When did the British Broadcasting System (BBC) begin broadcasting on radio?
The British Broadcasting Company broadcast its first radio bulletin from radio station 2LO on 14 November 1922. Newspaper publishers persuaded the government to ban the BBC from broadcasting news before 7:00 pm, and to force it to use wire service copy instead of reporting on its own.
On Easter weekend in 1930, this reliance on newspaper wire services left the radio news service with no information to report after saying "There is no news today". Piano music was played instead.
The BBC gradually gained the right to edit the copy and, in 1934, created its own news operation. However, it could not broadcast news before 6 PM until World War II.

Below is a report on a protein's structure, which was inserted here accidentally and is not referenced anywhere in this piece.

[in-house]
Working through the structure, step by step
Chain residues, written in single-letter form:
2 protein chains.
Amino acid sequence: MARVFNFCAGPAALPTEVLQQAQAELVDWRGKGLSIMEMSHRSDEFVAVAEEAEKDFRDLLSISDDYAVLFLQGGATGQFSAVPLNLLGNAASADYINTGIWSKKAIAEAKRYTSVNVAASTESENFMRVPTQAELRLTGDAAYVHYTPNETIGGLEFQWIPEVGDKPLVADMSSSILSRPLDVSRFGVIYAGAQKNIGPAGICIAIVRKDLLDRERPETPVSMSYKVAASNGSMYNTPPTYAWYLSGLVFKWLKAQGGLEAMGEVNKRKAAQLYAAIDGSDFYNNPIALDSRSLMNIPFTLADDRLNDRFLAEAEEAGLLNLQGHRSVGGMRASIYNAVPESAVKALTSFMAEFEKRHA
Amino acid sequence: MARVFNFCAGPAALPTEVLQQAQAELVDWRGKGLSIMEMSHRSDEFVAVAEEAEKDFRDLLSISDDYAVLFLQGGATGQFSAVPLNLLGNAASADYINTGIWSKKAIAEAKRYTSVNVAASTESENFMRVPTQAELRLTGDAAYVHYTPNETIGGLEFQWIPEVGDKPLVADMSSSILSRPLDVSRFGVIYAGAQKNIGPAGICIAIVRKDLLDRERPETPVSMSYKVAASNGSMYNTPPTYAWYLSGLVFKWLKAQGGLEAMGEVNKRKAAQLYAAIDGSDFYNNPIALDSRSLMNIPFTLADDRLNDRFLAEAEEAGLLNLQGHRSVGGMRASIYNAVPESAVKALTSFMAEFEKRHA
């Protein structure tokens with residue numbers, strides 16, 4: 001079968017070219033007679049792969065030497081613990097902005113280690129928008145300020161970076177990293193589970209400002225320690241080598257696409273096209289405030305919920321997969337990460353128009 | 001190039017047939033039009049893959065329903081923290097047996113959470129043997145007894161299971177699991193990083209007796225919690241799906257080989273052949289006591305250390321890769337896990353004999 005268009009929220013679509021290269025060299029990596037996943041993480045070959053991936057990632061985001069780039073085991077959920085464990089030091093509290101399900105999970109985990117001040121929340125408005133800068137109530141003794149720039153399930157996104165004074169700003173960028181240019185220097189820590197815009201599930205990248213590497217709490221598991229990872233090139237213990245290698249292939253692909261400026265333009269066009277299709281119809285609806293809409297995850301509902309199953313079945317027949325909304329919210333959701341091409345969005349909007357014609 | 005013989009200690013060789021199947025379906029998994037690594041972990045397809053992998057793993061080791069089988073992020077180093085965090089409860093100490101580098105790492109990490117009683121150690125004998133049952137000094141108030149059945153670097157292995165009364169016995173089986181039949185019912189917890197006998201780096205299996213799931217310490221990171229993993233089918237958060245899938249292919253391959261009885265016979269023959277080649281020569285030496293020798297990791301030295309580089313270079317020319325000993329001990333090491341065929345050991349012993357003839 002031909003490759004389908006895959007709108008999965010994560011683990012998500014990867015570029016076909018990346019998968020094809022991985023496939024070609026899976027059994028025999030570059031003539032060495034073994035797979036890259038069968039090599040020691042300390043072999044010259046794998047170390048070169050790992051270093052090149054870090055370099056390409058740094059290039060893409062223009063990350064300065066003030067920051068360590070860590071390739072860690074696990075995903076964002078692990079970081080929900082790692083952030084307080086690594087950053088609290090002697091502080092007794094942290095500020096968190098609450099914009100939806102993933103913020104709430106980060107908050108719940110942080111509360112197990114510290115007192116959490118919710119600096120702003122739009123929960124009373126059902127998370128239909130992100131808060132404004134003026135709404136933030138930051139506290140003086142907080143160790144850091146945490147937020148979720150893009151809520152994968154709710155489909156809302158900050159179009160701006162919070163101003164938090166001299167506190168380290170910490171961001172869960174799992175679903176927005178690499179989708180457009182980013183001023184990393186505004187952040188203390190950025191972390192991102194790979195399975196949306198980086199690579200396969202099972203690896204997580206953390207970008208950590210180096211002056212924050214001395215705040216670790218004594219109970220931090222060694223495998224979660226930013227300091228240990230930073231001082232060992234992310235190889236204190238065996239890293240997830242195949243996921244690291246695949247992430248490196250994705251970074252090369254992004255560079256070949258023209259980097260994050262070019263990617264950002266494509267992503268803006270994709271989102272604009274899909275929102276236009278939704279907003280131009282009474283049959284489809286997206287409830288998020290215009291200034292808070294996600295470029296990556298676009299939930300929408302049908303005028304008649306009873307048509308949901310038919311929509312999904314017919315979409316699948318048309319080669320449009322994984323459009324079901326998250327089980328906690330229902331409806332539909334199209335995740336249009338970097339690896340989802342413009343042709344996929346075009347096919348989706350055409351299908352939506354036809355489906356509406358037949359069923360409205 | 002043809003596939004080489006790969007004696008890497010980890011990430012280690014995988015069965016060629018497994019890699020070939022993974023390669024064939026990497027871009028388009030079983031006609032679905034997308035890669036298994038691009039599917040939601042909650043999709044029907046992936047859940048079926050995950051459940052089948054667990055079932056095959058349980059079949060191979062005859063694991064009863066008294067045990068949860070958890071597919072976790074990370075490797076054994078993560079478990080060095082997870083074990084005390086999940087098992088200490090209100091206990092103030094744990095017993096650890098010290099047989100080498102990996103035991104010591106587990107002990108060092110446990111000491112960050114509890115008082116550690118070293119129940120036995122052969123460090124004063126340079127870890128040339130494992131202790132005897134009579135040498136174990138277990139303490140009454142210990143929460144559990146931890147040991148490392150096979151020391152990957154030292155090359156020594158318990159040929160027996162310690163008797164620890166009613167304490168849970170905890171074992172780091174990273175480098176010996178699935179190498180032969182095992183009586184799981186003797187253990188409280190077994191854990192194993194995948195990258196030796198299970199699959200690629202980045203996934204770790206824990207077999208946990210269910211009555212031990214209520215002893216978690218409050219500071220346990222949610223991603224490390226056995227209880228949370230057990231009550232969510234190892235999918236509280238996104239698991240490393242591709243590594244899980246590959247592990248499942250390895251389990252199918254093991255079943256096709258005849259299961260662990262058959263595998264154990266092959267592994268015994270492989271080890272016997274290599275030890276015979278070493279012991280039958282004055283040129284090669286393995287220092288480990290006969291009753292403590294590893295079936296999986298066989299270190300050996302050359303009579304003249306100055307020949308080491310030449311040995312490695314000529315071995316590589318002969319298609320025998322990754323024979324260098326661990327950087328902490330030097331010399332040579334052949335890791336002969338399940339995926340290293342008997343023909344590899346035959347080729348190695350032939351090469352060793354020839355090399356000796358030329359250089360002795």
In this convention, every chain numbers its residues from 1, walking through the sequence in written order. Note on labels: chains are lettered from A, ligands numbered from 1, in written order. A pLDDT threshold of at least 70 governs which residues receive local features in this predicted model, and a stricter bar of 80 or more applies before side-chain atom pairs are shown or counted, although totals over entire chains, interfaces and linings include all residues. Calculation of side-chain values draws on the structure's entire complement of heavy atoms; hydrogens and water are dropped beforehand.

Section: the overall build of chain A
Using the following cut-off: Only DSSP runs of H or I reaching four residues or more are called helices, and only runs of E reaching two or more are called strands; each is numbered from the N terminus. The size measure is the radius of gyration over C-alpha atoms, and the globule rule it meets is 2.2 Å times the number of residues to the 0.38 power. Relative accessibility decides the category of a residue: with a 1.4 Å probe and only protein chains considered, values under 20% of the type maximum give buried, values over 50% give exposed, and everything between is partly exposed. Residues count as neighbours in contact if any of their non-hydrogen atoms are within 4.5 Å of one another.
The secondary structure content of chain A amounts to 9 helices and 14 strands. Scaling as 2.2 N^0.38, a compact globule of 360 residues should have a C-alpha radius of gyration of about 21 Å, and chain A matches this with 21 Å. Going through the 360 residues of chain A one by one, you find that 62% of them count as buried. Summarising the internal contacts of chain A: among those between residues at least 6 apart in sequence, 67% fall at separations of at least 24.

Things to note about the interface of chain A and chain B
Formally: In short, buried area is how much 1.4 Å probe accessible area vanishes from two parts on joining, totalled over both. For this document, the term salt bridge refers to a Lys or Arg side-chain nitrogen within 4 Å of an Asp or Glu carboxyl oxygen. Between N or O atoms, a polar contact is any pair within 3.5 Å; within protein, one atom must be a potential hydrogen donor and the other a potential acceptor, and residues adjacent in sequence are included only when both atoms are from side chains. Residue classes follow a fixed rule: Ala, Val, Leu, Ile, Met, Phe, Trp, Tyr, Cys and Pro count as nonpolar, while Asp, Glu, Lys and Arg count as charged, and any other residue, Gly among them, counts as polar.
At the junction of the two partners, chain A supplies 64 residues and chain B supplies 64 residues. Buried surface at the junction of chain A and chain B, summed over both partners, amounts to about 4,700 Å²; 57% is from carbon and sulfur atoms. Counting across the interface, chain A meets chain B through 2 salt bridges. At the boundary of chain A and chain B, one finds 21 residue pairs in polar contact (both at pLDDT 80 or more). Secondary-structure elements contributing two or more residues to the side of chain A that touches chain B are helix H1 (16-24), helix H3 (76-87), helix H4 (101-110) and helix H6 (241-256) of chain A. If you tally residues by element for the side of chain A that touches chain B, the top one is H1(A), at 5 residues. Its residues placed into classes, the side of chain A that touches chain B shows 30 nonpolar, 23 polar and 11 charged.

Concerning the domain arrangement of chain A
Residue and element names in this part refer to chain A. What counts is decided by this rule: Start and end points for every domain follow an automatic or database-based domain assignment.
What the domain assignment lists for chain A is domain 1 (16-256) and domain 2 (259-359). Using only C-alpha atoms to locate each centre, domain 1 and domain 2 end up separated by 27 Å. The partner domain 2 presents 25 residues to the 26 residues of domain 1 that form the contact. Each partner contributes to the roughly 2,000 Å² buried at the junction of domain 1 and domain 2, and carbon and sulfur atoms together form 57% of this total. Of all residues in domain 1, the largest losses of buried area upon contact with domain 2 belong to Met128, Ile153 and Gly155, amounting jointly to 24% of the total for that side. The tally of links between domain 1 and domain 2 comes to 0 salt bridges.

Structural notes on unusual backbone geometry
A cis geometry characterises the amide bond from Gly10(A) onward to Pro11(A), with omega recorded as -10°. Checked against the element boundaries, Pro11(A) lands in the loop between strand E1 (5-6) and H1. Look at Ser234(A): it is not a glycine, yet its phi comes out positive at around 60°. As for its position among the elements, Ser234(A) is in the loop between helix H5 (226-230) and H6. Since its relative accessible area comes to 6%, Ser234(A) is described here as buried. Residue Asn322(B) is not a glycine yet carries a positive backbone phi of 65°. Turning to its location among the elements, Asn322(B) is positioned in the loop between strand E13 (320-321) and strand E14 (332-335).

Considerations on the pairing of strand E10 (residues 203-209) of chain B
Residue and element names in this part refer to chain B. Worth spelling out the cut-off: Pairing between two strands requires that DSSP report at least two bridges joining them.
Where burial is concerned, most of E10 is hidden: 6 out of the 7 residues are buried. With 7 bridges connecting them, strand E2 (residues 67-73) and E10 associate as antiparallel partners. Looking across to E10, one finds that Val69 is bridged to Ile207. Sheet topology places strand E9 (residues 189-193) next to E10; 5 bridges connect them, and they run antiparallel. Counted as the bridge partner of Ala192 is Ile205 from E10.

A weekly Children's Newsreel was inaugurated on 23 April 1950, to around 350,000 receivers. Televised bulletins began on 5 July 1954, broadcast from leased studios within Alexandra Palace in London.
The public's interest in television and live events was stimulated by Elizabeth II's coronation in 1953. It is estimated that up to 27 million people viewed the programme in the UK, overtaking radio's audience of 12 million for the first time.
Those live pictures were fed from 21 cameras in central London to Alexandra Palace for transmission, and then on to other UK transmitters opened in time for the event. That year, there were around two million TV Licences held in the UK, rising to over three million the following year, and four and a half million by 1955.